Let’s Get Reel: After

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Let’s Get Reel: After

By Lauren Toneatto ’21, Social Media Editor

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Never in a million years did I anticipate giving the movie After a positive review. Based on a One Direction fanfiction by Anna Todd that was turned into a novel in 2014, my expectations were set exponentially low. I anticipated regretting every cent I spent on my $7 movie ticket. Nevertheless, my roommate and I bonded over and reminisced about our fandom years during a 4:10 p.m. showing on Saturday. If nothing else, we agreed to get Chipotle afterwards to make the excursion worthwhile. To my absolute surprise, After was fast paced, not nearly as cringey as anticipated and overall a quality film. 

No longer revolving around Harry Styles, Hardin Scott (Hero Fiennes-Tiffin) keeps the heartthrob’s initials but adds a bad-boy edge. Tattooed and mysterious Hardin juxtaposes clean-cut, preppy Tessa Young (Josephine Langford, perhaps you know her sister from 13 Reasons Why), the film’s protagonist who is beginning her first semester of college. 

Immediately, the film begins with an angsty shot of Tessa walking through the woods with her back to the camera. She has an inner-monologue about how her life is split into the time before and after she met Hardin. At this point if you’re imagining Twilight you wouldn’t be alone. The vampire-werewolf film phenomenon was the level of cringe I anticipated walking into this film. Had the remainder of the movie continued in the same way as the tween classic, I would have had a completely different opinion. 

Admittedly, After isn’t without its cringe moments (at one point Tessa declares nothing can make her stop loving Hardin – of course this statement is contradicted ten minutes later), but this is a teen romance after all. I swear the film instantaneously improved upon this opening scene’s conclusion.   

I was struck by the film’s fast pace. The first time I checked my watch, it was already an hour and fifteen minutes into the movie! The character’s are much more well-rounded than I imagined they would be, a factor I believe impacted the film’s pace. Langford shined as Tessa. She had a backbone despite her goody-two-shoes demeanor and obviously worked hard to receive her acceptance into university. That’s not to say she didn’t make some thoughtless choices, but I was invested and curious to see how her character arch ended. 

Given the fanfiction’s original abusive and sex-heavy content, the film was progressive in ways beyond omitting these features. At 21 years old, both stars Langford and Fiennes-Tiffin are of accurate college age. By now I’ve succumbed to thirty-year-old actors playing high schoolers, so it was refreshing to see actors who could accurately play the part. This factor added to Tessa’s initial naivety, making the film much more believable (but also frustrating to watch when Tessa made a reckless decision).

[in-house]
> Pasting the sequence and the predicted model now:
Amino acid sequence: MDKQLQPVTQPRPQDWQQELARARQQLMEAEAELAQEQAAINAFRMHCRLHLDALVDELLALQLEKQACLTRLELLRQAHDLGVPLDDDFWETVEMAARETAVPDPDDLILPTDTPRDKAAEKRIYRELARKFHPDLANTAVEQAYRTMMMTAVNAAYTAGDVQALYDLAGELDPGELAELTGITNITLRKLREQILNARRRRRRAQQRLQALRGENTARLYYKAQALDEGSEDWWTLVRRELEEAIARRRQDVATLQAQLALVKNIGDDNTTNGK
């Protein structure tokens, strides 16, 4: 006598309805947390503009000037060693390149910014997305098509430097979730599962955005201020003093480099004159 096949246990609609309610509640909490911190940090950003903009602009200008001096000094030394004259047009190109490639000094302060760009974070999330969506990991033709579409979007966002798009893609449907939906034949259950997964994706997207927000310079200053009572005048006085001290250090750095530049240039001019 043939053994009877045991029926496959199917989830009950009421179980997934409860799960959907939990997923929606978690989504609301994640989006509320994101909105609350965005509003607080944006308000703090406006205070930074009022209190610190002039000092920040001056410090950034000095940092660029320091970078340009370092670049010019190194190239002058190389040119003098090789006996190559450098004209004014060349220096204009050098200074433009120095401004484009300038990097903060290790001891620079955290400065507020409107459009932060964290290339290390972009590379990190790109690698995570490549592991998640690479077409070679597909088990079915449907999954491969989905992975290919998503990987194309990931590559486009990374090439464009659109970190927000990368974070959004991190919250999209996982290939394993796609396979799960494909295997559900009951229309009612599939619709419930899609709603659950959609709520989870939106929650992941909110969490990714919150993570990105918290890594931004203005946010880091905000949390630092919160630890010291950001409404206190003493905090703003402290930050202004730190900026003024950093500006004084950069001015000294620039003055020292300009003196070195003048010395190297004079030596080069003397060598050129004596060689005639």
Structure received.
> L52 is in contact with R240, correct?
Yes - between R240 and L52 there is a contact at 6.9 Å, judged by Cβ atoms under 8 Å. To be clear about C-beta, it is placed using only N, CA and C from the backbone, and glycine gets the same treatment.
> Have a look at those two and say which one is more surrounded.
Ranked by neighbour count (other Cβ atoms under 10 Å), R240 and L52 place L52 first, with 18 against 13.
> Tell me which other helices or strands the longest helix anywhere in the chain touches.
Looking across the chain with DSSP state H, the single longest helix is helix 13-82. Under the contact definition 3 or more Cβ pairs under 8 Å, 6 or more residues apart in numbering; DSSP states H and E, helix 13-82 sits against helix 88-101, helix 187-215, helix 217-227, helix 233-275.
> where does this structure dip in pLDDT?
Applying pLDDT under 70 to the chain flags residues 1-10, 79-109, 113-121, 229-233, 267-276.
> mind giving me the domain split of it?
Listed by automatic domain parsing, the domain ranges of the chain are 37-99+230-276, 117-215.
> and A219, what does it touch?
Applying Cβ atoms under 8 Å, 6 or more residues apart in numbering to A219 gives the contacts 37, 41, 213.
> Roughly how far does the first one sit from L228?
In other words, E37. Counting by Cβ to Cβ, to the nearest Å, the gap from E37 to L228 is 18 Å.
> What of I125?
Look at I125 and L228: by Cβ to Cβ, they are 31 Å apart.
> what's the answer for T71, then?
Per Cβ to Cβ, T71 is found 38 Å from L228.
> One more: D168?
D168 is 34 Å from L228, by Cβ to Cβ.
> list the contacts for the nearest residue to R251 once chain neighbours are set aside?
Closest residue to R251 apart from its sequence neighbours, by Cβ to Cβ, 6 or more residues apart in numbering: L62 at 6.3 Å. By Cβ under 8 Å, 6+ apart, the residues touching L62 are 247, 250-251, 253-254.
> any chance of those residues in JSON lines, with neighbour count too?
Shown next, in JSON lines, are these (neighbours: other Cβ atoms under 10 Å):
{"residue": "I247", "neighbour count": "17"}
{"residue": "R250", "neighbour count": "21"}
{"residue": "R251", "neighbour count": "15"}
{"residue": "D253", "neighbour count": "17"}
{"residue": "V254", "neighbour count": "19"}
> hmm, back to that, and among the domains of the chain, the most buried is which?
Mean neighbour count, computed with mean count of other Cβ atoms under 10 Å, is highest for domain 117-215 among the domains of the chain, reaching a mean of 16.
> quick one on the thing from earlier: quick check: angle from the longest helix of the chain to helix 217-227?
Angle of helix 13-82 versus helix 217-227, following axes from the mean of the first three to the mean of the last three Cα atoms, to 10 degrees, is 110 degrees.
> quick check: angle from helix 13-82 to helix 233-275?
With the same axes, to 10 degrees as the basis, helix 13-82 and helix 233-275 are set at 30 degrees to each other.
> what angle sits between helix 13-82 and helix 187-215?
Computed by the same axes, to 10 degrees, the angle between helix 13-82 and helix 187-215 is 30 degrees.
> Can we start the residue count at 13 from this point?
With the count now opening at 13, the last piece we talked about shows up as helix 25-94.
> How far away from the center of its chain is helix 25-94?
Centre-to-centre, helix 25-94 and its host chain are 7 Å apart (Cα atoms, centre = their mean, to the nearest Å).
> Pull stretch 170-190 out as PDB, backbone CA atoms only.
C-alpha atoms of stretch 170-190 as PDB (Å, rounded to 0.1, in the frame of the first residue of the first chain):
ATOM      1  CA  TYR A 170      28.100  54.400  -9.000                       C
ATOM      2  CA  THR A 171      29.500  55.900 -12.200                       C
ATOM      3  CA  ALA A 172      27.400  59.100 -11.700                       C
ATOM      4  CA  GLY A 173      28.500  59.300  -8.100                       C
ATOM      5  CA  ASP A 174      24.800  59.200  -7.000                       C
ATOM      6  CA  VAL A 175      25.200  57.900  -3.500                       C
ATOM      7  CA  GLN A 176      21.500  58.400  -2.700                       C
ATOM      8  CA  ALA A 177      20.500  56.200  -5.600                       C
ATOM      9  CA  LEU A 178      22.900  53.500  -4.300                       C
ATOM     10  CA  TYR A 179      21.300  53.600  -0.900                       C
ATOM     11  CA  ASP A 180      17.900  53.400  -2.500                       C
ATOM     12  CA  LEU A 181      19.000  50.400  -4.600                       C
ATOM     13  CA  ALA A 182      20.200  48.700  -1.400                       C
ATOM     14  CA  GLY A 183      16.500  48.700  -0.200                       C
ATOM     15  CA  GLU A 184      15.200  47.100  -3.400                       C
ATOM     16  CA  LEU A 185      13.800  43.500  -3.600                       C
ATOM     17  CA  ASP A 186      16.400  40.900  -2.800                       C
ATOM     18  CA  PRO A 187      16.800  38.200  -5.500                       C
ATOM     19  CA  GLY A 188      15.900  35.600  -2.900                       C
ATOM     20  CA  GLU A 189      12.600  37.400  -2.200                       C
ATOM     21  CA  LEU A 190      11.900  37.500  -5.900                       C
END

As well, during a climactic scene, a condom is prominently on display and Hardin takes a moment to confirm Tessa’s consent. Say what you will about the rest of After’s narrative and plot, but it is undeniably rare for films to portray safe sex on screen. Thus, I will give recognition to their efforts when it is due. As well, I constantly admired Tessa’s outfits, wishing I could have access to her pastel ridden closet. I appreciated that she re-wore her clothing on multiple occasions, showing the realities of college life instead of having a brand new, lavish outfit change for every scene. My roommate offered a rebuttal to my respectful comment saying this coincidence was due to the film’s small budget, but I’d like to give them the benefit of the doubt that they’re making progressive strives. 

Did I enjoy my movie-going experience? Yes. Did After exceed my expectations? Absolutely. Does the film deserve an Academy Award? Never. That’s not to say that I agree with their 13% Rotten Tomatoes score, the film was much better than this, more like a 57%. While progressive in several aspects, After is no revolutionary film. 

It is still evidently a teen drama, filled with questionable one-liners and an abundance of love related clichés. For what it was, or what I anticipated this movie to be, After deserves some recognition for making a memory for me to share with my roommate. If you’re contemplating what to do on a rainy day, seeing After certainly wouldn’t be the worst option. 

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